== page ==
Looking at the segmental breakdown of the EVGS, the hip and foot are seen to be most affected by orthotic intervention. It is found that that in the foot, barefoot is significantly different from SMotO (p
= 0.012) and in the hip there is a significant difference between the AFO and SMotO (p
= 0.046). The differences in the foot results between barefoot and SMotO may demonstrate the theory presented earlier by Wegner et al. [24
]. Interestingly, there is no difference noted at the pelvis between barefoot and AFO. At the trunk, the AFOs presented a higher score than either barefoot or SMotOs, but this was not significant.
With regard to using the EVGS as an outcome measure to assess the effect of orthoses, a search for papers assessing the effect of AFOs on gait in children with CP through the EVGS only resulted in one case study paper by Young and Jackson [35
]. This paper followed a child with spastic bilateral CP over 15 months, in which she was prescribed AFOs and began to stand and walk independently. Post AFO prescription, they noted clinically significant differences in the EVGS (increase by 7 points on the left and 11 points on the right—MCID of 2.4) and gait speed (42.9% increase in speed—MCID >10.9% is noted as large). This paper noted that AFOs did create a significant improvement in gait compared to barefoot. The lack of multiple papers using the EVGS to compare the effects of AFOs on gait in children with CP may provide a direction for future research.
One of the most common gait anomalies found in children with CP was in-toeing (amongst others) [36
]. Although in a different population, there was one paper supporting the use of SMotOs to correct in-toeing in children with idiopathic in-toeing gait or clubfoot. Mabuchi [27
] assessed the biomechanical effect of these orthoses on in-toeing gait in children. They found that the orthoses showed significant decreases in internal rotation at the proximal femur (loading response phase −18.3° ± 28.1° versus −21.6° ± 28.0°, P
= 0.009 and terminal swing phase −16.3° ± 27.4° versus −19.0° ± 26.4°, P
= 0.047) and the tibia in mid stance phase (0.7° ± 12.5° versus −2.0°± 14.9°, P
= 0.030) and terminal stance phase (1.4° ± 11.9° versus −2.3° ± 14.5°, P
= 0.042). They also found a significant increase in walking speed (67.9 m/min versus 64.9 m/min, P <
0.001) and stride length (500 mm versus 477 mm, P <
0.001). This may provide a basis to address in-toeing in children with CP with SMotOs.
The small, heterogenous sample affects the strength and generalizability of the results. Therefore, it is recommended that future research includes larger, more homogenous samples investigating SMotOs as another form of orthotic therapy for children with varied types of CP. It may also create opportunities to further investigate clinically useful observational gait assessment tools, such as the EVGS, for outcome measures when prescribing interventions such as orthoses. In support of Jagademma et al. [37
], who stated that when investigating the effects of interventions such as AFOs, it is important to categorise children with CP based on their gait abnormalities. Therefore, it may be beneficial to further investigate multiple orthoses options or combinations than just AFOs alone, depending on the child’s needs. Future research could include validating the EVGS as clinical assessment tool for use in children with lower limb orthoses, comparing customised, tuned AFOs with SMotOs in three-dimensional gait analysis, or expanding this study by removing limitations and performing over a longer time period.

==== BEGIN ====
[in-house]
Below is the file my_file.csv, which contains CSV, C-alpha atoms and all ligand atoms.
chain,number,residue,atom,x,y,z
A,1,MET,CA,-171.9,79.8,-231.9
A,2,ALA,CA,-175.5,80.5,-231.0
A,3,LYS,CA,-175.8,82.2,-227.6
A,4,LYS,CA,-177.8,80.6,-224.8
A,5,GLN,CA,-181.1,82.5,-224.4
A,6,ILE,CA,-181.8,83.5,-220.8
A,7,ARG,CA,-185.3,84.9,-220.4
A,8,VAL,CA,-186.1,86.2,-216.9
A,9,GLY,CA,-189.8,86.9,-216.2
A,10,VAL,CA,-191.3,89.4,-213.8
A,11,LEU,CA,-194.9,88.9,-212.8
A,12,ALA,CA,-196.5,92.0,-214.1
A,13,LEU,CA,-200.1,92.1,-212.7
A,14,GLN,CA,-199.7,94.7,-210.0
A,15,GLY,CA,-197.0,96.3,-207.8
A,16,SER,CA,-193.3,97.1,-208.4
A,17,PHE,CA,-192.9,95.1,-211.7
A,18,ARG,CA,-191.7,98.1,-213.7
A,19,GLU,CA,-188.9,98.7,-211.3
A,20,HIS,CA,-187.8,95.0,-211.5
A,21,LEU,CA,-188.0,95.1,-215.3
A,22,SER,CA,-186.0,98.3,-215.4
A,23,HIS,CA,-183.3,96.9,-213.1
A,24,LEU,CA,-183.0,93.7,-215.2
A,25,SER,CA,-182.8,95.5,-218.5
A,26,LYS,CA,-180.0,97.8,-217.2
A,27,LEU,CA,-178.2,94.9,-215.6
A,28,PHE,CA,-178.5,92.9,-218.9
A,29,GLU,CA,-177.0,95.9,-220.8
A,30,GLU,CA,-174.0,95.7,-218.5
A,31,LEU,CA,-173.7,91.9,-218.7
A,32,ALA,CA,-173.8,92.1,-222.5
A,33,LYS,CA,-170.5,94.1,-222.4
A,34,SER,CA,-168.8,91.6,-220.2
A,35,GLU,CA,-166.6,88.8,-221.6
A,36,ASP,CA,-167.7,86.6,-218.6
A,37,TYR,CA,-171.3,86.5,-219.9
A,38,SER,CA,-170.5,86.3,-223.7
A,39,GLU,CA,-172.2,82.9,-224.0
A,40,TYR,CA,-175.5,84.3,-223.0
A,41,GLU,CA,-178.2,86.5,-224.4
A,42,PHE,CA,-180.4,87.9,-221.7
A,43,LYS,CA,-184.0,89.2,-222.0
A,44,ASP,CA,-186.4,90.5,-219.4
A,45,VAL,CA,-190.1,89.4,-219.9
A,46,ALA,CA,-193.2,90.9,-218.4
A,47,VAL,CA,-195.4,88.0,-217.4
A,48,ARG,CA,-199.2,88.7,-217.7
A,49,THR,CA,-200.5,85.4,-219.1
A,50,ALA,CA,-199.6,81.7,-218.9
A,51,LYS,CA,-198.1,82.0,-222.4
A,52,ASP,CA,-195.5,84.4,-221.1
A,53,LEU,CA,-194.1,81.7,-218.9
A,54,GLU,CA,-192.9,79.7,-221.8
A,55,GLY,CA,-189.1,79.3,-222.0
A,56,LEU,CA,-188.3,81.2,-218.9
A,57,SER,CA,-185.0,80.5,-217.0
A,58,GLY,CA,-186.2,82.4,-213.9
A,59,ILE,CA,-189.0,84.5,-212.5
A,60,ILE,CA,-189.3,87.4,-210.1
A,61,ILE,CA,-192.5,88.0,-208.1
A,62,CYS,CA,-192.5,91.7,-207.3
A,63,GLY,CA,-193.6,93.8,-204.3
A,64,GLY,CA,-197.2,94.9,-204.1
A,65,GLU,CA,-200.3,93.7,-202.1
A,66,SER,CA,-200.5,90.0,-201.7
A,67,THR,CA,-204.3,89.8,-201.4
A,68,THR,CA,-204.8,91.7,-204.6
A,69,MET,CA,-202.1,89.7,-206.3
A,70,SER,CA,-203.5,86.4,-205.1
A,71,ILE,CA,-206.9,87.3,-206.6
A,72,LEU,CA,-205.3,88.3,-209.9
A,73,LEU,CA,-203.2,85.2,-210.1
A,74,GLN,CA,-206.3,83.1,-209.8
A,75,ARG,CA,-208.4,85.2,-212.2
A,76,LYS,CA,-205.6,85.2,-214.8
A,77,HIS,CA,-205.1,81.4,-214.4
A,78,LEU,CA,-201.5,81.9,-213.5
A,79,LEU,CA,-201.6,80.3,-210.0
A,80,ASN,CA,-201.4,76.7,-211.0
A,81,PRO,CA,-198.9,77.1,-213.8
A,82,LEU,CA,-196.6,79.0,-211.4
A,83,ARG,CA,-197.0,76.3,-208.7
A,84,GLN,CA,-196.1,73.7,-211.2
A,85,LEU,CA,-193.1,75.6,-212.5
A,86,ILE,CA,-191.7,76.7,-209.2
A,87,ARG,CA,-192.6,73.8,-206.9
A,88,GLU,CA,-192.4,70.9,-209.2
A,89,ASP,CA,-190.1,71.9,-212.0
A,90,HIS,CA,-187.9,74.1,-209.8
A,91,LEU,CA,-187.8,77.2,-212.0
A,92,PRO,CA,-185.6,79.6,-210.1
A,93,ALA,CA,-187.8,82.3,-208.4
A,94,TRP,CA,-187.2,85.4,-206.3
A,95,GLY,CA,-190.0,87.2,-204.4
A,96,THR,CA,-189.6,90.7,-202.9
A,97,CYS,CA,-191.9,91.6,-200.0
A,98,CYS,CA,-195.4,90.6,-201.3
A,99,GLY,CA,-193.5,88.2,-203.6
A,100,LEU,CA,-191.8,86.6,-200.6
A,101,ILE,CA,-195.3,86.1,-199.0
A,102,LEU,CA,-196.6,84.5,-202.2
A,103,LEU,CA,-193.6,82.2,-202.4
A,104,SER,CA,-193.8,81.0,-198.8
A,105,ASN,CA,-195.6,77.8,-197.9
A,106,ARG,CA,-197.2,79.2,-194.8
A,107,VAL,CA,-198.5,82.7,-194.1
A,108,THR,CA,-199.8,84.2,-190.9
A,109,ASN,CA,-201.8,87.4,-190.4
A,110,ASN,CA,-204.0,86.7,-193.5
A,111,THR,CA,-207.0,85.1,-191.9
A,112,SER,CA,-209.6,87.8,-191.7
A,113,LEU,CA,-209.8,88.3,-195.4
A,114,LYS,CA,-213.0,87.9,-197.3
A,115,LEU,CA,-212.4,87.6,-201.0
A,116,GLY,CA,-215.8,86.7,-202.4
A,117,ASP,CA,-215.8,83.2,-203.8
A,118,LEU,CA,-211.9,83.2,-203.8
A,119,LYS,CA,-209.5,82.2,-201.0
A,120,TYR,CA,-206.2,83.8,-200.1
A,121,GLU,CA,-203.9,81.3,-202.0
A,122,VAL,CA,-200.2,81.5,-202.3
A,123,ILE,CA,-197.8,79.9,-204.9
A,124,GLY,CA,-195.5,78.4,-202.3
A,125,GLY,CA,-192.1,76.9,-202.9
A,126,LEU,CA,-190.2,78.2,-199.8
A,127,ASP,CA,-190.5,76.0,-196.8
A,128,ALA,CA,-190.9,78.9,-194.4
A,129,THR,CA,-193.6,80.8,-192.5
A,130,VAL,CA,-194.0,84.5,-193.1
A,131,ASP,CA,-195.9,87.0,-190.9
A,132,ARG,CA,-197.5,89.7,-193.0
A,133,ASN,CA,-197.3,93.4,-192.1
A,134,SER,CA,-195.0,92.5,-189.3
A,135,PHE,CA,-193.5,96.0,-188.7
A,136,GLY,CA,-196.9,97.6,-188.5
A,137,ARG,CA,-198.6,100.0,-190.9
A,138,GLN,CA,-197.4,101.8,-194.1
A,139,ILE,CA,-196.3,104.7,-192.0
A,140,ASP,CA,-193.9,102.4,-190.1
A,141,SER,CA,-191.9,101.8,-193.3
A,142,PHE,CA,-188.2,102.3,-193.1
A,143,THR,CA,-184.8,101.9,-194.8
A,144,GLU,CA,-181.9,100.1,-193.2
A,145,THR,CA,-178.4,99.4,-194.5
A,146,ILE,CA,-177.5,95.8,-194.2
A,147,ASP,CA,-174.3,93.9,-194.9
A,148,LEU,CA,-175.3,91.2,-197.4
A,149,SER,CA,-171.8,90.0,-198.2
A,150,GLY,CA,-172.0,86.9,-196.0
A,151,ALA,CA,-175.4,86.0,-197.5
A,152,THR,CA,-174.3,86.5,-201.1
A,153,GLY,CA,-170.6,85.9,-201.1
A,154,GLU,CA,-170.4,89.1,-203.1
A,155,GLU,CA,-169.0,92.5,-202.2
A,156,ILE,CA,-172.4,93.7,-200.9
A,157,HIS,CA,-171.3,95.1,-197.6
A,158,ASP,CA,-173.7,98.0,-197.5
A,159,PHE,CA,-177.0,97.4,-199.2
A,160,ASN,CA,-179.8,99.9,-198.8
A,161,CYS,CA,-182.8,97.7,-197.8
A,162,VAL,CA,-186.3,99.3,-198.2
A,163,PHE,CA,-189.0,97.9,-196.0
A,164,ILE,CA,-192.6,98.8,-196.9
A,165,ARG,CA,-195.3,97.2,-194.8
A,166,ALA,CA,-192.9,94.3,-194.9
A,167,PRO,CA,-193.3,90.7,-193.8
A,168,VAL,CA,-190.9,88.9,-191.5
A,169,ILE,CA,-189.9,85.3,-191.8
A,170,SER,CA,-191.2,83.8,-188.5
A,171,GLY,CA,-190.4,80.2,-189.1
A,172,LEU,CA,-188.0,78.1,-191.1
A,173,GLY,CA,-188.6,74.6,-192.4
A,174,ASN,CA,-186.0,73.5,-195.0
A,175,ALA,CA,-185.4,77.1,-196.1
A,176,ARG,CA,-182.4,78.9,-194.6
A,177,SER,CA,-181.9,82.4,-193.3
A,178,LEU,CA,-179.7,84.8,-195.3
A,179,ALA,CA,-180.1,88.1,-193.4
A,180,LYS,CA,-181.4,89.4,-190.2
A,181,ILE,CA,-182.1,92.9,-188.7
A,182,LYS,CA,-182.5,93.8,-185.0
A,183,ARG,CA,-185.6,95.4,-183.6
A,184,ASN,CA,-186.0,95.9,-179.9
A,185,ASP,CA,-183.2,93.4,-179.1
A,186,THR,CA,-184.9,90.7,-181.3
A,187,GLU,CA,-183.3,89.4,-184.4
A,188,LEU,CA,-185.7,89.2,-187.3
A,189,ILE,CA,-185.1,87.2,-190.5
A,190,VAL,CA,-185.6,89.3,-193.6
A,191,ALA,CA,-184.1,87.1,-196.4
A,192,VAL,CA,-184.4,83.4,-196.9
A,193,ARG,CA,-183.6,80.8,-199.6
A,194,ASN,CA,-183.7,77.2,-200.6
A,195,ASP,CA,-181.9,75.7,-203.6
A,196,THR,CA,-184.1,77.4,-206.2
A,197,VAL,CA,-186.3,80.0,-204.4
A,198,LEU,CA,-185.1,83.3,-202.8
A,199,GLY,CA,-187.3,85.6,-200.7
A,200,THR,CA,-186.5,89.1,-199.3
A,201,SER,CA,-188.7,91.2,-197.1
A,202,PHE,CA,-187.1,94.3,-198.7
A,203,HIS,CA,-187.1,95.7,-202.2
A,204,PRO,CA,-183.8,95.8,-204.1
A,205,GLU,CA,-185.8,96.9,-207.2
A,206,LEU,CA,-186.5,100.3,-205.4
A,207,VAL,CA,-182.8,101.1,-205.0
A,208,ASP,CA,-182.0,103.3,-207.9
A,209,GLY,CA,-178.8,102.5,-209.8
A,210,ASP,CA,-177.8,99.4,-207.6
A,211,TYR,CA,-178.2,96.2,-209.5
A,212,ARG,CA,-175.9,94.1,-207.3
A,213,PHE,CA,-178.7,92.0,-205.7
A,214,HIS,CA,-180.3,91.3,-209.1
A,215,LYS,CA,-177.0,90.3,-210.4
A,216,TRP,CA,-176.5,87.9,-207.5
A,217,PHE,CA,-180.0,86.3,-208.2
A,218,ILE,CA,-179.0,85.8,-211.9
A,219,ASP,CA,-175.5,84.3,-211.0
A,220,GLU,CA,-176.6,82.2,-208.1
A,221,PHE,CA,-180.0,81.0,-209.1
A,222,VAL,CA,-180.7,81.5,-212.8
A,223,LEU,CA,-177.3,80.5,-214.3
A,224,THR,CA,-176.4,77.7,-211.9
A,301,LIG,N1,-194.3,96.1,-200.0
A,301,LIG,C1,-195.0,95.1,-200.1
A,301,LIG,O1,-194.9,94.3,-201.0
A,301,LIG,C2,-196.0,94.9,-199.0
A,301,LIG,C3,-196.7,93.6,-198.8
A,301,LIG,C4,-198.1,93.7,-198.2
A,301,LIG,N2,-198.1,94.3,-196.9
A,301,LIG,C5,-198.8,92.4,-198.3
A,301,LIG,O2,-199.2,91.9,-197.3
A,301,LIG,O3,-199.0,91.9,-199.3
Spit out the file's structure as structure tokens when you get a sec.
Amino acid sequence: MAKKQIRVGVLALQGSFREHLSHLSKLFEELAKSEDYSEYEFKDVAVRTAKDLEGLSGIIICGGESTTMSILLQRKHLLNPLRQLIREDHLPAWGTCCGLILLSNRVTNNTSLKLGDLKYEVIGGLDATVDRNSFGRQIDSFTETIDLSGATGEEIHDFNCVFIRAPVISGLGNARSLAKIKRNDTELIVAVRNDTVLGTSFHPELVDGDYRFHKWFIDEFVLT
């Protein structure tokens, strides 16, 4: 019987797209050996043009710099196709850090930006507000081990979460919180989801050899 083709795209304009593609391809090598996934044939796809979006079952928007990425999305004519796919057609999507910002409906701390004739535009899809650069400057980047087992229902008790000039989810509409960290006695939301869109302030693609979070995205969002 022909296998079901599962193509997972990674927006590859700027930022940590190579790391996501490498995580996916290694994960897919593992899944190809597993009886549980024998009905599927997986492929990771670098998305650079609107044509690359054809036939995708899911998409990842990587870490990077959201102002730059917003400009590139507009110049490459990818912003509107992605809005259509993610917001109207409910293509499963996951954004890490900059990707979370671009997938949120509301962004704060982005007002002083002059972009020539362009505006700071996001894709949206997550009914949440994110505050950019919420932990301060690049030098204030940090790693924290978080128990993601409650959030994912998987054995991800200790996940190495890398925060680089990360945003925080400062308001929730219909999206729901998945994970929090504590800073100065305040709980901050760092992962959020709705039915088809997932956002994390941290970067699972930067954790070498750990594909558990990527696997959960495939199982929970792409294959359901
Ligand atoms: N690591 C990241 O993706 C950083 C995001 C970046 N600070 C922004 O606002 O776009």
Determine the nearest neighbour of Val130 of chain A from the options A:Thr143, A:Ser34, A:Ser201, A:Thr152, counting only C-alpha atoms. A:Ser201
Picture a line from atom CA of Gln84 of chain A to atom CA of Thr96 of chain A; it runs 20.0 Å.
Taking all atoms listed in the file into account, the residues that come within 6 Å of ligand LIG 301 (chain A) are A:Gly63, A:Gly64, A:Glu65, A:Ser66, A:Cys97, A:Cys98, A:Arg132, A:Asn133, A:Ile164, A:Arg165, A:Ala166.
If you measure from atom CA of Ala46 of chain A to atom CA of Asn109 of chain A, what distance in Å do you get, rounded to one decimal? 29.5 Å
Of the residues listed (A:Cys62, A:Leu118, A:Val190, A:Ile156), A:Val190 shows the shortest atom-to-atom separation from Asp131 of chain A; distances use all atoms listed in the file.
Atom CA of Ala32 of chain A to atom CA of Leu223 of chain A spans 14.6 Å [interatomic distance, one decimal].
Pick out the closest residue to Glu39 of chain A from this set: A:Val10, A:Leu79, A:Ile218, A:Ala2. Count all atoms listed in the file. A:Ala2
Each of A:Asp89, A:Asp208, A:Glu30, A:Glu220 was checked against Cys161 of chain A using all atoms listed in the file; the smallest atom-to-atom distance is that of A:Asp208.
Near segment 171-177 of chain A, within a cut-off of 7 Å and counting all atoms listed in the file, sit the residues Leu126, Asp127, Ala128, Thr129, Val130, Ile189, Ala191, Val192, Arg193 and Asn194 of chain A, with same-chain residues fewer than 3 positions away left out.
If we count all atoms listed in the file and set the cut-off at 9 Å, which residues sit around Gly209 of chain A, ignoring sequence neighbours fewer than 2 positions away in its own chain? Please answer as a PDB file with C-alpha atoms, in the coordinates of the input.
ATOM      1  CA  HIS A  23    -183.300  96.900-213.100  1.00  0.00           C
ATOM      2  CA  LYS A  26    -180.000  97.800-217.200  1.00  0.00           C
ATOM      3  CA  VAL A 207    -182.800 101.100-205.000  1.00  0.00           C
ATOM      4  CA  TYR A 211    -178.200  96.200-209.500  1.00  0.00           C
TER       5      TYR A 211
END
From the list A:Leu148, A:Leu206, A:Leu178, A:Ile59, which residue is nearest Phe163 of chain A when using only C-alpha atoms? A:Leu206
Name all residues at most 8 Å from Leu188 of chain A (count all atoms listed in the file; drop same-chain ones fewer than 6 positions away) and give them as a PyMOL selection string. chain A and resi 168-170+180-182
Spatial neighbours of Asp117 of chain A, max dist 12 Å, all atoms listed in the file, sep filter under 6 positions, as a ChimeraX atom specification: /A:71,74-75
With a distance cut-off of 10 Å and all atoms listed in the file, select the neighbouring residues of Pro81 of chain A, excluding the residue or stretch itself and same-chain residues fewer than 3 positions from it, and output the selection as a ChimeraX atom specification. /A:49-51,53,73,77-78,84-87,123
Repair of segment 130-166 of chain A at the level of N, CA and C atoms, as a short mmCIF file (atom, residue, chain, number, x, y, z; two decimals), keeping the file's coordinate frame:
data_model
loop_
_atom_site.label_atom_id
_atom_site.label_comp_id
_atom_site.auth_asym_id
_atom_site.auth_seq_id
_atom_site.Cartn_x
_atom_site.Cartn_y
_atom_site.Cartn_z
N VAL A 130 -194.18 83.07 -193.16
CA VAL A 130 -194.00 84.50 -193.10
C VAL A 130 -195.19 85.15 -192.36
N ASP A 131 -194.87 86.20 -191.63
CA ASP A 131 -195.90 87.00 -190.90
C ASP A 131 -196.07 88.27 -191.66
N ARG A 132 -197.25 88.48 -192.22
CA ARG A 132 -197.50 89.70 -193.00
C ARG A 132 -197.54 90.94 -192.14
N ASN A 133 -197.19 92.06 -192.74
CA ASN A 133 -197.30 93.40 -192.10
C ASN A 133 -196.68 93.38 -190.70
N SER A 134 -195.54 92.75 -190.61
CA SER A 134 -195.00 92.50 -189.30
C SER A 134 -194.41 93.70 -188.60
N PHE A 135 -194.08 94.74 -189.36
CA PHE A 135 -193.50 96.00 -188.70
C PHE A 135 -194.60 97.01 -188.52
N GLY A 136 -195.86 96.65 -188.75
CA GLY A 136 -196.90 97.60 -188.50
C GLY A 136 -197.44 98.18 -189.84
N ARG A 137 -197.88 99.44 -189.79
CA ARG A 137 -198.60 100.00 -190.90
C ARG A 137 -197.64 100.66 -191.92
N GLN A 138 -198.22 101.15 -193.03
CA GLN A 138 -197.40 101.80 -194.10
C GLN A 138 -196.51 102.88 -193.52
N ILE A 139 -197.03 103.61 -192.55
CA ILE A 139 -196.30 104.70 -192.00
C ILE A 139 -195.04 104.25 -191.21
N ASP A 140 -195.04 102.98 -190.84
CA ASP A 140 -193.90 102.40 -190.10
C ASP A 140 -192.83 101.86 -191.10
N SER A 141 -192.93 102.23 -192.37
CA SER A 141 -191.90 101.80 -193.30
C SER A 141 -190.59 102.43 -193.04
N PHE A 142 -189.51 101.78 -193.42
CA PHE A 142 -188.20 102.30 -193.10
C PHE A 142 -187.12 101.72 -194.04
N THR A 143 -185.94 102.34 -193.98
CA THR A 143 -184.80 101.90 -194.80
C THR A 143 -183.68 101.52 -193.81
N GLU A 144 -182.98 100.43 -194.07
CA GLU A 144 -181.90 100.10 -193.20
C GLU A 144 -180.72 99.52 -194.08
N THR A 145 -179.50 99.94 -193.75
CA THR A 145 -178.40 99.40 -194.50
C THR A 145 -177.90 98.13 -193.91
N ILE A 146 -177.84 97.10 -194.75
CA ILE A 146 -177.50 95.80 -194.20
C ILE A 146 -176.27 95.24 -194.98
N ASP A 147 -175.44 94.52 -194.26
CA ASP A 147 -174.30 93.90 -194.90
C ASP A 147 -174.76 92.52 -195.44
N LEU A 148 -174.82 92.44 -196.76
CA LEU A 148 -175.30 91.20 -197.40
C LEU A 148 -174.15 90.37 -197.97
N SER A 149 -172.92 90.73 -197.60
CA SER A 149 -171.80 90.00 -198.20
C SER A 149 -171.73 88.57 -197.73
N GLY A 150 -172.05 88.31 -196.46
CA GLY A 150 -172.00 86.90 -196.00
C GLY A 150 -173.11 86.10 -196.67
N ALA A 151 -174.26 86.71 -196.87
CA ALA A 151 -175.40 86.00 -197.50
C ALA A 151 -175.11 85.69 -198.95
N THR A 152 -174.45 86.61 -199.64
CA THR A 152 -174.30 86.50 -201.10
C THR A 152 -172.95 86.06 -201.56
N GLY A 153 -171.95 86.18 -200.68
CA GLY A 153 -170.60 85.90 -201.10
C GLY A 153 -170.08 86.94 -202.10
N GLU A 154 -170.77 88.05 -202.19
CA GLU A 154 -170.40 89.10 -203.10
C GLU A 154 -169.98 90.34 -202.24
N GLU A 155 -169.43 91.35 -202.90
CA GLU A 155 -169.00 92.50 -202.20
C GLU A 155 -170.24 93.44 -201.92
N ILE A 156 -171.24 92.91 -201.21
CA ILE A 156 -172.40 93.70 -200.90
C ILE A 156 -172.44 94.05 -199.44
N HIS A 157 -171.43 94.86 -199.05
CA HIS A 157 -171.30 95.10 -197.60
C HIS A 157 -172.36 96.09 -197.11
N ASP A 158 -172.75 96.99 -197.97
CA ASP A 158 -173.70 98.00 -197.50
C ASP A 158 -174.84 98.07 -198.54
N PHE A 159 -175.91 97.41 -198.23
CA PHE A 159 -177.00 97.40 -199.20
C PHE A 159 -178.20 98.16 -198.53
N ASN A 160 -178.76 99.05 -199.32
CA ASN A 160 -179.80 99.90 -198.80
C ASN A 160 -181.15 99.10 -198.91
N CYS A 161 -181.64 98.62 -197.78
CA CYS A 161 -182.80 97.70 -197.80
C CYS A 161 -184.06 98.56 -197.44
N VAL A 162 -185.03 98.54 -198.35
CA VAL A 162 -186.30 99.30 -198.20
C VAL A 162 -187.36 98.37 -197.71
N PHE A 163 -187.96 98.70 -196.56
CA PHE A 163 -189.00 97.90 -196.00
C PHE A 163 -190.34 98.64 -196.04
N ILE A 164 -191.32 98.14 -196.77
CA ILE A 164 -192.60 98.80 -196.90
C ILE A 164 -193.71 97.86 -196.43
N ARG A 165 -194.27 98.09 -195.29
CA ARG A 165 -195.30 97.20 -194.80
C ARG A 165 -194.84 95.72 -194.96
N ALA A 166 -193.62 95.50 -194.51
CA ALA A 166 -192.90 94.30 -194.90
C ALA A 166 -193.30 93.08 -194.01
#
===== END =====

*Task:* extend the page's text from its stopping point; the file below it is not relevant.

Limitations of the Study: Due to the researchers only being able to draw participants from the population we had access to, there were limitations on the number of potential participants. Limitations to this research include a small final yield of participants available to collect the full range of data, mainly due to the restrictions uncovered such as comprehension of the task, ability to follow direction, and ability to attend data collection. This may affect the strength of the results, although papers within the literature demonstrate a range of participant numbers whilst using the EVGS from 7 [30
] to 151 [31
]. With a longer recruitment period and implementation of this as ‘usual clinical practice’ in prescription of SMotOs, a larger group could be assessed for continuation of these research findings. Another limitation was the lack of tuning the AFOs to avoid the possibility of iatrogenic gait compensations. Tuning of AFOs is recommended by Owen [38
] and Eddison & Chockalingam [39
] but was not performed in this setting as the researchers were investigating the usual prescription of AFOs and SMotOs on gait pattern. The angle in the ankle and knee in AFOs were not assessed for angle during this study which may provide a limitation to the strength of this study. Ideally, this study would have provided customised AFOs with in-depth explanation of prescription process. This would thus enhance the quality of study and reduce possible suboptimal AFO prescription. Unfortunately, this process is complex, can be expensive and was not possible at this stage. Potential bias is another limitation acknowledged in this paper and would be better resolved with EVGS completed by blinded raters with experience as well as more stringent patient preparation and video capture methodology. Along with this, the EVGS has not been assessed for reliability and validity when observing children in orthoses, possibly due to the inability to observe the calcaneus in orthoses or shoes. Ong, Hillman & Robb [40
] validated the EVGS’ reliability and validity for experienced observers in gait analysis. They noted, however, that the inexperienced observers were less accurate, and the experienced observers demonstrated more accurate results when compared to three-dimensional gait analysis. Three-dimensional gait analysis would be the preferred method of assessment for this type of study, but access to such a system was not possible. The EVGS does not allow for specific reporting of deviation direction, but rather indicated a deviation from ‘normal’, which may not be enough detail for some gait analyses.